Today, lawyers for the Center for Security Policy (“CSP”) and Jim Hanson filed a motion in a Dallas, Texas court seeking to dismiss the defamation lawsuit filed by Mohamed Mohamed on his own behalf and on behalf of his 15-year old son, Ahmed Mohamed.
Ahmed is better known as “Clock Boy” for bringing a hoax clock bomb to his Irving, Texas middle school in September 2015 and causing a bomb scare that led to his arrest and suspension from school. Later, Ahmed claimed the look-a-like briefcase bomb was just a “homemade clock.” In reality it was neither a bomb nor a homemade clock, but a disassembled digital clock put in a small carrying case giving it the look of an improvised digital bomb or trigger for a bomb.
The Clock Boy’s lawsuit seeks unspecified damages from various media companies and personalities, such as Glenn Beck, the Glenn Beck Show, and the local Fox News station, for commenting on the hoax bomb affair during their programs.
Jim Hanson, a CSP senior vice president, a former member of the U.S. Army Special Forces, and an expert on counter-terrorism, was sued along with CSP and the other media defendants for suggesting that the entire affair was a PR stunt by Clock Boy’s father in order to generate a media firestorm about anti-Islamic bias and Muslim-victimization.
During Hanson’s appearance on the Glenn Beck Show, Hanson noted that the Clock Boy’s father had orchestrated an intense media campaign with the local chapter of the Council on American-Islamic Relations (“CAIR”), which the U.S. government has formally linked to the Muslim Brotherhood and to the designated terrorist organization Hamas in several formal court filings in federal terrorism cases.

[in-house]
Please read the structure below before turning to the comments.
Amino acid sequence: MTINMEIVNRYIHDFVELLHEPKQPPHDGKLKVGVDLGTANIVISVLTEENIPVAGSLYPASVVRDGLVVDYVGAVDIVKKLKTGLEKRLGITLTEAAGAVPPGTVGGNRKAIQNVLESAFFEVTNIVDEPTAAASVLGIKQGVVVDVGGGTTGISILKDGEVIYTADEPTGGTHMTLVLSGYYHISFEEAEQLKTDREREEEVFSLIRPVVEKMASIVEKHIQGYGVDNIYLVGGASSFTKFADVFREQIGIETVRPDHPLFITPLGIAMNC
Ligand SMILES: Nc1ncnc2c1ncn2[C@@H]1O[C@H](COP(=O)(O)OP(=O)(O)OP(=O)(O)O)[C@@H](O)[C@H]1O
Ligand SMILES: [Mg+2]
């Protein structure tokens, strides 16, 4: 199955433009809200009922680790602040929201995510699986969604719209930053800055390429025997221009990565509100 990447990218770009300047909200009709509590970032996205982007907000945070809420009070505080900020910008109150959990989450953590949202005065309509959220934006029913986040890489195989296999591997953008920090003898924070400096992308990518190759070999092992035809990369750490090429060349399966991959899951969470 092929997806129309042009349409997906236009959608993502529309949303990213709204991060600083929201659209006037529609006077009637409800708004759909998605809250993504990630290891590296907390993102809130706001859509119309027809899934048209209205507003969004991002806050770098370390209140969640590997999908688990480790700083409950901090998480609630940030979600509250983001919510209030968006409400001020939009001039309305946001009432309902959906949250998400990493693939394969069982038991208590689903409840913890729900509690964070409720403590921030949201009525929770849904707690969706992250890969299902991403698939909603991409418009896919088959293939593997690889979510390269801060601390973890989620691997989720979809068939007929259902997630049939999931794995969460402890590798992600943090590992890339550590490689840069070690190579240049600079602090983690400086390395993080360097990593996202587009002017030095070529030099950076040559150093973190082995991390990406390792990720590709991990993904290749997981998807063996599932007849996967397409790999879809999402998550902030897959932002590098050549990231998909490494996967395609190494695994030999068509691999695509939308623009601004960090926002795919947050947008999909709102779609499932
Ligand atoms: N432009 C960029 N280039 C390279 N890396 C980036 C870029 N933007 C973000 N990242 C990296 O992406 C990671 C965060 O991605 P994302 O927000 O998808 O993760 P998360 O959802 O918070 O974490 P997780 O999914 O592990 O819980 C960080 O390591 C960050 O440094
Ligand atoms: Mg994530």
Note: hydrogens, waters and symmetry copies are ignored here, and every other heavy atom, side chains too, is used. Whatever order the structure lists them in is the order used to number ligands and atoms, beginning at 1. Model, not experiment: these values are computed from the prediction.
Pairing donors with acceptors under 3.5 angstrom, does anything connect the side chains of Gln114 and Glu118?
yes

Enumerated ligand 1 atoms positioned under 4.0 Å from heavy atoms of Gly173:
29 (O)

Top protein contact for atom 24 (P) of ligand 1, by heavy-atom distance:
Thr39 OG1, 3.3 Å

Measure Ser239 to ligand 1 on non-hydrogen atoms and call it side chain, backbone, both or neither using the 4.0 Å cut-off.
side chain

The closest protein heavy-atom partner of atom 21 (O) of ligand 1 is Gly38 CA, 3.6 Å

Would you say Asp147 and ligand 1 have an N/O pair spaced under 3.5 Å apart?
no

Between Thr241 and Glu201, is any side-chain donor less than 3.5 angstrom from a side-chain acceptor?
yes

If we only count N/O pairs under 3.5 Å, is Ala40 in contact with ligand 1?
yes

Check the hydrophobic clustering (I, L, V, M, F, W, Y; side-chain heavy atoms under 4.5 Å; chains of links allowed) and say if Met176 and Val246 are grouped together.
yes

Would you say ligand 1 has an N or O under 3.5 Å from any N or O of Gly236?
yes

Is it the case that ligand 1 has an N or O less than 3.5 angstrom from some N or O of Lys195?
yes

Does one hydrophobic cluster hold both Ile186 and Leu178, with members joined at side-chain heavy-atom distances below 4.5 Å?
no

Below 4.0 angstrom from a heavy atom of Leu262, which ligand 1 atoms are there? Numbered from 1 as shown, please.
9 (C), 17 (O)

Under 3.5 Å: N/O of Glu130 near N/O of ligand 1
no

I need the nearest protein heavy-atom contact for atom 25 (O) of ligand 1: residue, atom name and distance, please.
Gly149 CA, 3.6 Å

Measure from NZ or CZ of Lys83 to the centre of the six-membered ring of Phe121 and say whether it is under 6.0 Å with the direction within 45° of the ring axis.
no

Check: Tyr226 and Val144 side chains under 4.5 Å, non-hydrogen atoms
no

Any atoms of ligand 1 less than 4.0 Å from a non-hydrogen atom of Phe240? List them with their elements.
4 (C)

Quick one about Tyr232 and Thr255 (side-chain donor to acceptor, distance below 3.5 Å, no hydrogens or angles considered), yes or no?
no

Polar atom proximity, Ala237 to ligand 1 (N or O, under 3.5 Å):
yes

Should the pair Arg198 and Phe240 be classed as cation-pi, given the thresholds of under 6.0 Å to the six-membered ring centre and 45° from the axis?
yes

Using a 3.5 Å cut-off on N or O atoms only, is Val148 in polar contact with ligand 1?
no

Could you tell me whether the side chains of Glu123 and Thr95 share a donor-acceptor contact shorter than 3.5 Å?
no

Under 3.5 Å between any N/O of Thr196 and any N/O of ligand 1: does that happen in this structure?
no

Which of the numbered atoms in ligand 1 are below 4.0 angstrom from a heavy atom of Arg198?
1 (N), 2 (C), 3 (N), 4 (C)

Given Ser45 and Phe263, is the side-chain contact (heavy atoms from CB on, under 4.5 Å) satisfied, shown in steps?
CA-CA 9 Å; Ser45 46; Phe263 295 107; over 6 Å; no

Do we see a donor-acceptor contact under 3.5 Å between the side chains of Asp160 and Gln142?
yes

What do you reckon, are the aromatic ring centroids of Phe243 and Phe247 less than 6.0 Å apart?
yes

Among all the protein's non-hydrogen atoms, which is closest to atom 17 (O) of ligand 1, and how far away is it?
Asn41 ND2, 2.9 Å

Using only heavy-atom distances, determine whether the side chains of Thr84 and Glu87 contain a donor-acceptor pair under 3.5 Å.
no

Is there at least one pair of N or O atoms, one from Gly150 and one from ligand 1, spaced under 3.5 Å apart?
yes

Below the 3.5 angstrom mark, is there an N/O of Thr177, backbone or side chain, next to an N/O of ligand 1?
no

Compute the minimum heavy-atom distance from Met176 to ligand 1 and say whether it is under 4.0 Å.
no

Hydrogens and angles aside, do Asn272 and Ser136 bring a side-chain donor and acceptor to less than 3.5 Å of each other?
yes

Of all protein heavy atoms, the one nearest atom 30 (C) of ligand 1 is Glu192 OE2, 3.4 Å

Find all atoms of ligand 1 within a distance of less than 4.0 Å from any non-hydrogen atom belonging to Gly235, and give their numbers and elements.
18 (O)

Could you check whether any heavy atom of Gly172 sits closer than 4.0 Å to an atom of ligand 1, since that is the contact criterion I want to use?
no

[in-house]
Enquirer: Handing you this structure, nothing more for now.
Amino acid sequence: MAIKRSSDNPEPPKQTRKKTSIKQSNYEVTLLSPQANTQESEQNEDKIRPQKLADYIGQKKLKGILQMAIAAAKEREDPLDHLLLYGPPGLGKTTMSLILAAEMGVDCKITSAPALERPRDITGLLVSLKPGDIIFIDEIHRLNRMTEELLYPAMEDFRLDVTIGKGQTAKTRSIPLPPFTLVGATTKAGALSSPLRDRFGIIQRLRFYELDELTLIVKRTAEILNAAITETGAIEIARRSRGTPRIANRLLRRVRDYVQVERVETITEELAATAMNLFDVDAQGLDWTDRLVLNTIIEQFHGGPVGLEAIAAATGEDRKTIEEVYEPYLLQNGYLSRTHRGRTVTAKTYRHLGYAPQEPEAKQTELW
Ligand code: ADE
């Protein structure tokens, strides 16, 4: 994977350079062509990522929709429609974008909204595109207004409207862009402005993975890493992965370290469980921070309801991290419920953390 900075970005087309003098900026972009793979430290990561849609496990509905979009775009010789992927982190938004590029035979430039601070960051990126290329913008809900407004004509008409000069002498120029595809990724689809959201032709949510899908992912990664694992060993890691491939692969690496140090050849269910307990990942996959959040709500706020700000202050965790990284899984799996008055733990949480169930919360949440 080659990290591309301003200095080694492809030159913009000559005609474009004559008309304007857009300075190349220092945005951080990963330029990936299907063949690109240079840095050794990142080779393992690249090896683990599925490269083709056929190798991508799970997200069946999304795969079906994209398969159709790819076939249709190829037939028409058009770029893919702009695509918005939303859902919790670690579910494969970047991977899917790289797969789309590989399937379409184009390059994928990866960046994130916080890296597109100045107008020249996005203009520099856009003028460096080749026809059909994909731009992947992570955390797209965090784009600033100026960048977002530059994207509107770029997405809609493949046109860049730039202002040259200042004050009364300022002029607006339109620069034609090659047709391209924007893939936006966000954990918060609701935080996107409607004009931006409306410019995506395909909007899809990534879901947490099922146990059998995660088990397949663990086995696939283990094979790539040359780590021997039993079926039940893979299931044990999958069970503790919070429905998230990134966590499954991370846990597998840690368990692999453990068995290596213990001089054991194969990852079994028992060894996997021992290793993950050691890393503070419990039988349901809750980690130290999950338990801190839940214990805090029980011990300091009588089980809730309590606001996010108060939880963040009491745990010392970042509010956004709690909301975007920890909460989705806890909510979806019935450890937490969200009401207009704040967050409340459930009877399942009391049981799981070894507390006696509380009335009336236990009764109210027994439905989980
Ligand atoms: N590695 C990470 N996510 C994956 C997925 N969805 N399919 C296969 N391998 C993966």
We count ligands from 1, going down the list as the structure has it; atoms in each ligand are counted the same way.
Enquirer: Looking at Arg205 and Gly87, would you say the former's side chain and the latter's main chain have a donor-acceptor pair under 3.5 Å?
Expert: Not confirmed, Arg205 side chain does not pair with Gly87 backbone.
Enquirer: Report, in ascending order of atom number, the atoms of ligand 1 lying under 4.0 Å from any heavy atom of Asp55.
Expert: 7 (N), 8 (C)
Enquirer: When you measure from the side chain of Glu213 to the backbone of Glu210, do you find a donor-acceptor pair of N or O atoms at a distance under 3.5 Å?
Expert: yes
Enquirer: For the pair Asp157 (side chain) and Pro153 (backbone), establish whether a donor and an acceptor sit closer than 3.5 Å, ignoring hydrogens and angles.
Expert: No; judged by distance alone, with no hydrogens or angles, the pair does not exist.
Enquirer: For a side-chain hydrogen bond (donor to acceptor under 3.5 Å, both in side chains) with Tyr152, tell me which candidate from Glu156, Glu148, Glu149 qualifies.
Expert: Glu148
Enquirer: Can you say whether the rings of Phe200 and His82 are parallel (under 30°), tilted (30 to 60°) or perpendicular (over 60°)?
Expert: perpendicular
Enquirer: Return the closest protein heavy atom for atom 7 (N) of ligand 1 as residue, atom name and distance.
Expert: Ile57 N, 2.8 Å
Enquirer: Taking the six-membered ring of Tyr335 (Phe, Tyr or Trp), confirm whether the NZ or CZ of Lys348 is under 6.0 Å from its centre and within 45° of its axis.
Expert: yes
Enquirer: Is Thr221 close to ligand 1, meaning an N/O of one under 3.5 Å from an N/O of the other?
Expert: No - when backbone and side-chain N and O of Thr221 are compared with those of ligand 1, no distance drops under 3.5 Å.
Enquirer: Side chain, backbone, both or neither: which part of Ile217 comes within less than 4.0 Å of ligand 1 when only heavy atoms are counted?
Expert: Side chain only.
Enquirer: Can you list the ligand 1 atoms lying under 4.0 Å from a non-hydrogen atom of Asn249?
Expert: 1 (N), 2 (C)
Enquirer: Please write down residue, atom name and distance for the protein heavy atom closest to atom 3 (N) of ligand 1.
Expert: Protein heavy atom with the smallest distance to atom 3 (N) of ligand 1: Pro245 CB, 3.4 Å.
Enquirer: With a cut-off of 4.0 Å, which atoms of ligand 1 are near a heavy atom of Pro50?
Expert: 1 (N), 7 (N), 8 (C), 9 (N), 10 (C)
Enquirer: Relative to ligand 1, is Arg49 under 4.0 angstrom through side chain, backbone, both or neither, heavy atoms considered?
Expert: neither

Hanson went on to explain that the entire affair had the look and feel of a typical “influence operation”—the standard operating procedure of what the Muslim Brotherhood calls its “civilization jihad” against the West.
The motion to dismiss, filed by the American Freedom Law Center (“AFLC”), along with AFLC’s local Texas counsel Pete Rowe, not only seeks dismissal of the lawsuit, but also requests the court to award attorneys’ fees and to sanction Clock Boy’s father for filing a meritless lawsuit whose only purpose is to silence those who might speak out publicly against such influence operations.
David Yerushalmi, AFLC co-founder and senior counsel, issued the following statement:
“This lawsuit filed by Clock Boy’s father is yet another example of Islamist lawfare, which is a component of the Muslim Brotherhood’s civilization jihad.”
Yerushalmi further explained that the purpose of such lawsuits, formally labelled Strategic Lawsuits Against Public Participation (“SLAPP”), is to intimidate into silence those who might comment publicly on the connection between jihad, terrorism, sharia, and Islam.
“The Islamists employ the progressive mainstream media to label any public criticism of a sharia-centric, jihad-driven Islam as ‘Islamophobic,’ and they add fear and financial ruin to the equation by utilizing the legal system to file SLAPP actions,”
Texas, like California and a number of other states, has an anti-SLAPP statute that requires a court to dismiss such lawsuits and to sanction those plaintiffs who file them.
Robert Muise, AFLC’s other co-founder and senior counsel, made clear:
“AFLC was formed in large measure to take on Islamists like CAIR who use and abuse the legal system with their cynical form of lawfare to undermine our constitutional liberties—notably free speech. We have confronted these lawsuits across the country in federal and state courts and have defeated CAIR and its minions at every turn. When appropriate, we have won sanctions. This lawsuit will be no different.”